South African car insurance companies rejecting claims due to speeding

The Ombudsman for Short-Term Insurance (OSTI) has warned of a rise in car insurance claims being rejected and disputed due to insurers alleging that drivers did not take “reasonable precautions” in preventing an accident, including sticking to speed limits.

Senior assistant ombudsman Ayanda Mazwi said the OSTI’s complaint trends reports conducted in November 2021 showed a surge in motor vehicle accident rejections by insurers based on the insured breaching a contractual “duty of care” clause.

This clause requires an insured motorist to use all “reasonable care and take reasonable precautions” to prevent or minimise loss, damage, death, injury or liability. Should the driver breach the clause, their claim may be rejected.

Mazwi said there were several reasons why an insurer might invoke this clause, but the primary basis for most rejections was that the insured was driving above the regulated speed at the time of the accident.

In these instances, it is up to the insurer to prove that the motorist had exceeded the speed limit.

“It may rely on evidence such as data downloaded from the vehicle’s onboard computer vehicle tracking reports and experts in accident reconstruction,” OSTI explained.

When a dispute is lodged with the OSTI by an insured person whose claim has been rejected, the ombudsman will firstly consider the evidence of speeding and determine whether it is reliable.

The ombudsman provided two scenarios with contrasting outcomes for claim disputes.

In the first instance, the OSTI ordered an insurer to pay a claim it initially rejected after determining the conclusions put forward by an accident reconstruction expert were not accurate.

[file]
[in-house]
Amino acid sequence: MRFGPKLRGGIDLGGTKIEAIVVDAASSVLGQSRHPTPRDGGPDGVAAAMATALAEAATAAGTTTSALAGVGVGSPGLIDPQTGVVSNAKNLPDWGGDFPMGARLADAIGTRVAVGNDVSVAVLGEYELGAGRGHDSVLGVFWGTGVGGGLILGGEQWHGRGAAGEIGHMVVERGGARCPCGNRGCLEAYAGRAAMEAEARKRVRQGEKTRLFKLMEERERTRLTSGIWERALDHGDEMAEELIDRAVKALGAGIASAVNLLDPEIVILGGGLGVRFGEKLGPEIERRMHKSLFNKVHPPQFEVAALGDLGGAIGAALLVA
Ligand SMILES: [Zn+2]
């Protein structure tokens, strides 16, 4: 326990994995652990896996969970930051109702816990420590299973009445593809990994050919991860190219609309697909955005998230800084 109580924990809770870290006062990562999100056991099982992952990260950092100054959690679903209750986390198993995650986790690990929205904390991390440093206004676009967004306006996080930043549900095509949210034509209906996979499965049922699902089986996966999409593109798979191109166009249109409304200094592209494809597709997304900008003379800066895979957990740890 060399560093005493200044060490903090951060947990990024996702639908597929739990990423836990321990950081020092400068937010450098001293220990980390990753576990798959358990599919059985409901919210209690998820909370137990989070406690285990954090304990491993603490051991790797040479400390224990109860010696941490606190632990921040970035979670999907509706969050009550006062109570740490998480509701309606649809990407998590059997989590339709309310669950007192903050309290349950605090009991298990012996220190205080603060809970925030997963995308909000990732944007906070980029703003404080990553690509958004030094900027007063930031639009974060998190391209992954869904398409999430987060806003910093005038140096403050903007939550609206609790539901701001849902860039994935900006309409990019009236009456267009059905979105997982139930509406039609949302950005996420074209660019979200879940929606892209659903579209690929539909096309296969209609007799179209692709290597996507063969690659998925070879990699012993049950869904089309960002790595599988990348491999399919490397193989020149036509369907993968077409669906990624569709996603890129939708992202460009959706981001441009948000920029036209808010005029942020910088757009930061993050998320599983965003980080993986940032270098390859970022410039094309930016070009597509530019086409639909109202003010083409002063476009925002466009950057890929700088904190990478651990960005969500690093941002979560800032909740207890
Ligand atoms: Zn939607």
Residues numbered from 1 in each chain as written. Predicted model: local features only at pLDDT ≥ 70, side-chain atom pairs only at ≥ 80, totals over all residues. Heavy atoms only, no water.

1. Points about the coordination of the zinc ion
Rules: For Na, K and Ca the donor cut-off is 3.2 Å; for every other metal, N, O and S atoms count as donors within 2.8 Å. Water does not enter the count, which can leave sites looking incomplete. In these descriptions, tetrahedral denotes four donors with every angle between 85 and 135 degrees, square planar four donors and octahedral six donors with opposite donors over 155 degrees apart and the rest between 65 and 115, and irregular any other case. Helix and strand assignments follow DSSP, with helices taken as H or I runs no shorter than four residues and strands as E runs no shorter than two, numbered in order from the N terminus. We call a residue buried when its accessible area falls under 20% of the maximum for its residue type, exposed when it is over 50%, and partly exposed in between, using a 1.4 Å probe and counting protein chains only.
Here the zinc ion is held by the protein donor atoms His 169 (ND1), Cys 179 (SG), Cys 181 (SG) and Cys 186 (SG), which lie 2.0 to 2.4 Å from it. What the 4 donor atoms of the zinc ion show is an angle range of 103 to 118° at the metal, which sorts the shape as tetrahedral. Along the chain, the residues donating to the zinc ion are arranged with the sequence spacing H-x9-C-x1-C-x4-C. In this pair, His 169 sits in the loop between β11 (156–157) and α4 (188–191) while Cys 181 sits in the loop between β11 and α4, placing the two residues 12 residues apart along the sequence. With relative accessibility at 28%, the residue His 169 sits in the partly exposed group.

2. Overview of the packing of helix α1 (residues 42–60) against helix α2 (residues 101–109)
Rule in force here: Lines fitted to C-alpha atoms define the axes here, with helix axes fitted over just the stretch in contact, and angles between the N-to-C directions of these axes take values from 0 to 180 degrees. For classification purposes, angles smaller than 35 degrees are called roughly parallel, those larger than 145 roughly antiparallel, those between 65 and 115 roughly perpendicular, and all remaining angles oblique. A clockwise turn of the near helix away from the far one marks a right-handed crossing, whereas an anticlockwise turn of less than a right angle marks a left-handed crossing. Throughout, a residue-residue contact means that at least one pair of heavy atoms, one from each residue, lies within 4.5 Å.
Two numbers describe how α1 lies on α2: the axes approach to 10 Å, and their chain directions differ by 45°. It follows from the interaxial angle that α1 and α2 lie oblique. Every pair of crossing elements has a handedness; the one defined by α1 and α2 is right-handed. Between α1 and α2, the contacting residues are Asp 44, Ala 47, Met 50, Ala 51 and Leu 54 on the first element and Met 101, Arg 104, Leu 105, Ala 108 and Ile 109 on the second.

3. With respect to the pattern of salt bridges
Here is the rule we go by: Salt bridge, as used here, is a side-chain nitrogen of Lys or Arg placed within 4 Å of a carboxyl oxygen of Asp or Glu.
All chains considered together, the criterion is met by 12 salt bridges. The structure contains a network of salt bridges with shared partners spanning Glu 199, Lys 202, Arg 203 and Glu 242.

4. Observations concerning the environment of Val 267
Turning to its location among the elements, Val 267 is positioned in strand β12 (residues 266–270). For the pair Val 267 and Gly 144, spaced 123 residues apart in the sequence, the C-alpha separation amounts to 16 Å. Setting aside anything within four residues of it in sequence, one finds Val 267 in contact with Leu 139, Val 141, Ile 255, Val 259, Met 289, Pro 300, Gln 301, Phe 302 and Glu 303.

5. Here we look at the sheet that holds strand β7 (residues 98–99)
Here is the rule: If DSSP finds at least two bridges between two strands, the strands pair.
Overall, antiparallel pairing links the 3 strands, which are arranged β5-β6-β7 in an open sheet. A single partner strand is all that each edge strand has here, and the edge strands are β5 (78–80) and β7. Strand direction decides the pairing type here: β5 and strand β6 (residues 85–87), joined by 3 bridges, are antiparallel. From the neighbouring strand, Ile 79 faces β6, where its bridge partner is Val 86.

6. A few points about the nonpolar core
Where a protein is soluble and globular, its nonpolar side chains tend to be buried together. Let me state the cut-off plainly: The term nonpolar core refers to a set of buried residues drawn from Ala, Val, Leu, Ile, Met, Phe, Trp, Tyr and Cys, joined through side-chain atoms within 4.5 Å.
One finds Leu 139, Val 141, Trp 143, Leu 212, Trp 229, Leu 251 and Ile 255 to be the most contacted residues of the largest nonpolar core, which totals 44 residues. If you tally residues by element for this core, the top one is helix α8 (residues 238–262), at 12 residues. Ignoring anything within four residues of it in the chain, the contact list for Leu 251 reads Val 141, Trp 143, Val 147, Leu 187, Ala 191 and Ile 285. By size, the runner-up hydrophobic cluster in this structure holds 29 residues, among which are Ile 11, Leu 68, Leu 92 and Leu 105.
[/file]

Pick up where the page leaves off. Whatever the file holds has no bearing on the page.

“The expert, in that case, did not consider objective evidence at the accident scene, and there were substantial inconsistencies in the measurements that he had used to calculate the speed,” OSTI said.

Generally speaking, data from a car’s onboard computer and vehicle tracking reports indicating the vehicle’s speed when the accident occurred are accepted.

Ayanda Mazwi, Senior Assistant Ombudsman

However, even if this confirms that the driver was speeding, it would not mean the claim can be rejected by default.

“An insurance policy may not, by default, exclude liability because the insured was negligent,” OSTI said.

The onus is on the insurer to prove that the insured had driven recklessly rather than simply being negligent.

According to OSTI, speeding on its own does not necessarily mean that the insured was reckless.

“The insurer must put forward a convincing argument on which to conclude that the driver foresaw the possibility of an accident and deliberately courted the danger by taking measures which the driver knew were inadequate.”

Because a driver is unlikely to admit to recklessness, it may be determined by “inferential reasoning” based on the facts of the case.

What qualifies as recklessness

In another case, the OSTI found a driver had acted recklessly and that the insurer’s rejection of their claim was substantiated.

This matter involved a driver who had hit a tree after speeding at 104km/h in a 60km/h zone.

The driver defended his speed by stating he was not familiar with the road, the visibility on it was poor during the night, and the streetlights were not working.

“The insured stated that he had not seen the intersection ahead. When another vehicle suddenly approached from his left-hand side, he had to take evasive action, which caused him to lose control and collide with a tree,” OSTI said.

Based on these factors, the OSTI found that the insured should have exercised caution by regulating his speed to improve visibility and should have kept a proper lookout for obstacles on the road or a sudden emergency.

Furthermore, a speed limit sign was prominently placed ahead of the intersection where the accident occurred.

“The insurer’s accident reconstruction expert calculated that the insured was travelling at 104km/h at the time,” OSTI said.

In conclusion, the OSTI determined that the insured’s conduct would be considered reckless if the expert’s speed calculation were proven.

“As a matter of probability, the insured’s conduct was also found to be the cause of the accident because, had he observed the regulated speed, he would have been in a better position to see the intersection, stop and safely execute the turn,” the OSTI said.

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South African car insurance companies rejecting claims due to speeding